There is a special place in the mountains of South Carolina that is dear to my wife and me.

Asbury Hills United Methodist Camp lies beneath the gaze of Caesar’s Head just off U.S. 276. It was there that my wife and I worked in the summers during our college years. And it was there that we met.

The rest, the saying goes, is history.

I spent the summers after my freshman, sophomore and junior years as a counselor there. For $20 a week, I had the responsibility of a cabin full of boys 24-7 for five days.

After I graduated from college, I went back to Asbury Hills for a weekend to visit old friends and I first met Mary Lou.

My opening line was not as suave as I would have liked. I mistook her for a camper and asked when her parents were coming to pick her up. Oops!

Somehow she overlooked all the bumbling of my courtship and took me as her husband.

As our children grew up, we sent them to Asbury Hills in the summers as long as they had an interest in going. One of our daughters worked as a counselor there one summer.

The story of Asbury Hills and how our family started there is still a topic of conversation with us. And this week that subject is a bit more on the front burner of our minds.

All four of our grandchildren went to camp at Asbury Hills this week – the first time all four have been able to go.

While the 1,800-plus acres of land in the South Carolina mountains is identical to what Mary Lou and I hiked through, much is different today from our camp counseling experience.

First of all, the cabins are quite different. Today’s cabins are air-conditioned, they each have their own bathroom facilities and plenty of room.

When Mary Lou and I worked at Asbury Hills, the cabins were structures made of cinder blocks on three sides and a screened front.

The wash house was a couple of hundred yards away through a winding path in the woods, making nighttime visits a bit dicey.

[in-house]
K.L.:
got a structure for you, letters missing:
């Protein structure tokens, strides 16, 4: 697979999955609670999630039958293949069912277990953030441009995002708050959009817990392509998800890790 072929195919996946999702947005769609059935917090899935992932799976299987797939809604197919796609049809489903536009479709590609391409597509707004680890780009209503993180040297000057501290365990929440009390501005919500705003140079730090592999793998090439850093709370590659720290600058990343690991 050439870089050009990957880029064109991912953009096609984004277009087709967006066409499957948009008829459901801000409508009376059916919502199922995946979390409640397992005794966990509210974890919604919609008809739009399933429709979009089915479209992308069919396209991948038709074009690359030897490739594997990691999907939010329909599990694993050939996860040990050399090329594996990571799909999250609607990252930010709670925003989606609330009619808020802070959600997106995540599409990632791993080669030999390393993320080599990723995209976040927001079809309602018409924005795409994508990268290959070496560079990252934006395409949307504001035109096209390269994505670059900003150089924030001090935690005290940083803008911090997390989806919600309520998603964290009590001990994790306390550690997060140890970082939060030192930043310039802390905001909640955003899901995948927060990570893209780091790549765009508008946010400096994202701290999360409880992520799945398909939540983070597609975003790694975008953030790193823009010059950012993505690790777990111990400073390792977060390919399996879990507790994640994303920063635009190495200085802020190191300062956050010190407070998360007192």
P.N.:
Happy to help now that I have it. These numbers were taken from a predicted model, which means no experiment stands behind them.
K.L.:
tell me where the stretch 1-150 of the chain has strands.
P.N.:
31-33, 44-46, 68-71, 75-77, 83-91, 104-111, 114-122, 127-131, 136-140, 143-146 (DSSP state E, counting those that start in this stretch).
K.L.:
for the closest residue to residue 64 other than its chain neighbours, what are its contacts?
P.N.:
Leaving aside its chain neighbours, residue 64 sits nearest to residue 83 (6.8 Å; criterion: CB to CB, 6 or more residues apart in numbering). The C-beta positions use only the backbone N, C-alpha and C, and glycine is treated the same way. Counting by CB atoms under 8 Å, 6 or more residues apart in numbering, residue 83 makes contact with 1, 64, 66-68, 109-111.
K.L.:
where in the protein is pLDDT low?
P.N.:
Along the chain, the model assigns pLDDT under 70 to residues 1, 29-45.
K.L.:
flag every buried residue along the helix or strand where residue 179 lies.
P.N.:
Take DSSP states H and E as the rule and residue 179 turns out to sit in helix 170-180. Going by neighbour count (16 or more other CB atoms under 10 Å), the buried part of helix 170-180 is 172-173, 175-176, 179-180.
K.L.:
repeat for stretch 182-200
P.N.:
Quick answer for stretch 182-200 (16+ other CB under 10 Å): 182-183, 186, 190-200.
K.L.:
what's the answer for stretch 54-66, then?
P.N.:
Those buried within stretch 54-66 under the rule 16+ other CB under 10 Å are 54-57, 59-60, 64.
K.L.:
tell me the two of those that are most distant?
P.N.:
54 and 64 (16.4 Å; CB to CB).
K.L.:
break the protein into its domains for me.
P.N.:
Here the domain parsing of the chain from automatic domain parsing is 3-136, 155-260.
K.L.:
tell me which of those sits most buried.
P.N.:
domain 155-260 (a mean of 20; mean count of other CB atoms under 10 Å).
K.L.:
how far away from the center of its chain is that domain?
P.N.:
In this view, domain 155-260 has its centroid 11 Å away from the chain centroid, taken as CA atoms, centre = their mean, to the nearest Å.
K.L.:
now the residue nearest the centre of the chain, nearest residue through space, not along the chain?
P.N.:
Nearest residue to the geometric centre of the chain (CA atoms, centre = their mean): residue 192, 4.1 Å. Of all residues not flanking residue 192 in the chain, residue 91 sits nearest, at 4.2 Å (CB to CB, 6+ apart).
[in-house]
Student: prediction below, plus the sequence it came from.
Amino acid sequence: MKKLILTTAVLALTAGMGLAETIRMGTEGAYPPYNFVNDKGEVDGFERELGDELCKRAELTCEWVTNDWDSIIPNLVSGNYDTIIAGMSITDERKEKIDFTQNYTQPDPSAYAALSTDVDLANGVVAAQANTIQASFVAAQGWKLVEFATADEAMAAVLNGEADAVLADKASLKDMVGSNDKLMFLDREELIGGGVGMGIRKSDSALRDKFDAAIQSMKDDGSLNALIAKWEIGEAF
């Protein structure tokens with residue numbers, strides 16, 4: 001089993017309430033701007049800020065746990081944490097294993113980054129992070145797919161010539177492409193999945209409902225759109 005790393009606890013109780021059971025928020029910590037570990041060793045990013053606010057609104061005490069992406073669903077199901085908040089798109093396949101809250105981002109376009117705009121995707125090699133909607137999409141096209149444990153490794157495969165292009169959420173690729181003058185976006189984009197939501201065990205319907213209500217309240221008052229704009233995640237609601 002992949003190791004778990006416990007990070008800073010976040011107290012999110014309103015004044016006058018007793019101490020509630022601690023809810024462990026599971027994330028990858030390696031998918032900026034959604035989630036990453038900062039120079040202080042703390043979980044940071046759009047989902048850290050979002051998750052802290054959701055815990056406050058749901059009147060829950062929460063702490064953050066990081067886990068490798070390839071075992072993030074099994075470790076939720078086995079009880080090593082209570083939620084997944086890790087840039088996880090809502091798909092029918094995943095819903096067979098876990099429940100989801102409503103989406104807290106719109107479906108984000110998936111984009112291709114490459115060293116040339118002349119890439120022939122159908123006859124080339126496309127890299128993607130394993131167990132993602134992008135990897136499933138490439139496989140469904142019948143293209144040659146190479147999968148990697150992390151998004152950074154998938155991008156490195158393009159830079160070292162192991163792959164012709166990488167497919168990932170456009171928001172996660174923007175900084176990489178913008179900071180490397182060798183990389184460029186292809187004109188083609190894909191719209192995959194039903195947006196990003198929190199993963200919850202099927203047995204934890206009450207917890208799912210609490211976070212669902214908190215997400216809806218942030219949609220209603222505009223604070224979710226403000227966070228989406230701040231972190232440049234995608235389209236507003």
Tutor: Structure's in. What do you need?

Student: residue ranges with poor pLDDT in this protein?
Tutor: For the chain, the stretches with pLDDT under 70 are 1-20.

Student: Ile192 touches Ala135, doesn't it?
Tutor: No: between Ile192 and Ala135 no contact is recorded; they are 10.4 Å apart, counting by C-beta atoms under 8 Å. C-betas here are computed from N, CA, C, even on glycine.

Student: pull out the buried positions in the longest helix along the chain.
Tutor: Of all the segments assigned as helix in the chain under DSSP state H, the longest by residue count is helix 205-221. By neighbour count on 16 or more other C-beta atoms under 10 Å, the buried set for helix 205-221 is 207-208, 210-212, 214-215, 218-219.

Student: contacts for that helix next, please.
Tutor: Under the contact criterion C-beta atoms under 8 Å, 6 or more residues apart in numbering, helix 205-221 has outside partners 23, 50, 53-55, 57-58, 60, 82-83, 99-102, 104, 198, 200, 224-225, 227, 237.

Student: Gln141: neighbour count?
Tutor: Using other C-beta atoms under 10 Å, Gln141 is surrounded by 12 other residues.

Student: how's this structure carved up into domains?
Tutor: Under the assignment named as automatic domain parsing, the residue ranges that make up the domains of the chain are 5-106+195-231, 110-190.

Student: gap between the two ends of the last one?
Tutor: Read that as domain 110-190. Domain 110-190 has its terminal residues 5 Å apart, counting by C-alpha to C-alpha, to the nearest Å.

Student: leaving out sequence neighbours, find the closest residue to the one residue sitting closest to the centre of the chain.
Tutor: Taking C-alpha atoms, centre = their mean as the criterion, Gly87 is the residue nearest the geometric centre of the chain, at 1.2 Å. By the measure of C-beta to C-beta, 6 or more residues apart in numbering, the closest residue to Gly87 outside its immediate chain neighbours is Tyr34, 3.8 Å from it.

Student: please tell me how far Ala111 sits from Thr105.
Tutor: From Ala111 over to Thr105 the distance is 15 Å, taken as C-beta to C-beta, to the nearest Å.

With only a flashlight to aid our sleepy vision, we saw the thousands of roots weaving back and forth across the path as so many snakes.

The only air conditioning we had was what God provided in gentle breezes.

Our main activities consisted of hiking the beautiful mountain trails, swimming and canoeing in the lake, playing in the chilly water of Matthews Creek, sleeping under the stars, cooking out and doing Bible studies with our campers.

I’ve seen pictures this week of what our grandchildren are doing. While there is some hiking and playing in the creek, they get to do their swimming in the large pool that was built years after my last summer there.

They get to go on zip lines and rope courses. There is a climbing wall for those brave enough to climb the heights.

There are archery and crafts and music. And there are other games that I am not knowledgeable enough to describe.

The Asbury Hills that I knew has morphed into one that is more in tune with the lives of 21st-century kids.

While I sometimes long for the days of old and the way things were, I realize that in this life, we must move on.

Remaining static is one sure recipe for extinction. We as people, we as institutions must adapt or perish. Asbury Hills has chosen to move ahead.

So I look forward to talking to my grandchildren and see camp through their eyes in this relatively new century.

Mary Lou and I will remind them of our time there, of course, but we will be more eager to hear about their tales of camp and see Asbury Hills from their point of view.

As we get older we can choose to view life through a rearview mirror, constantly describing all the things that have passed.

Or we can look out the windshield of our lives, constantly looking ahead at what is approaching and checking behind only occasionally. That is what I hope to do.

Bring on the zip line!

Jeff Wallace is a retired editor of the Aiken Standard.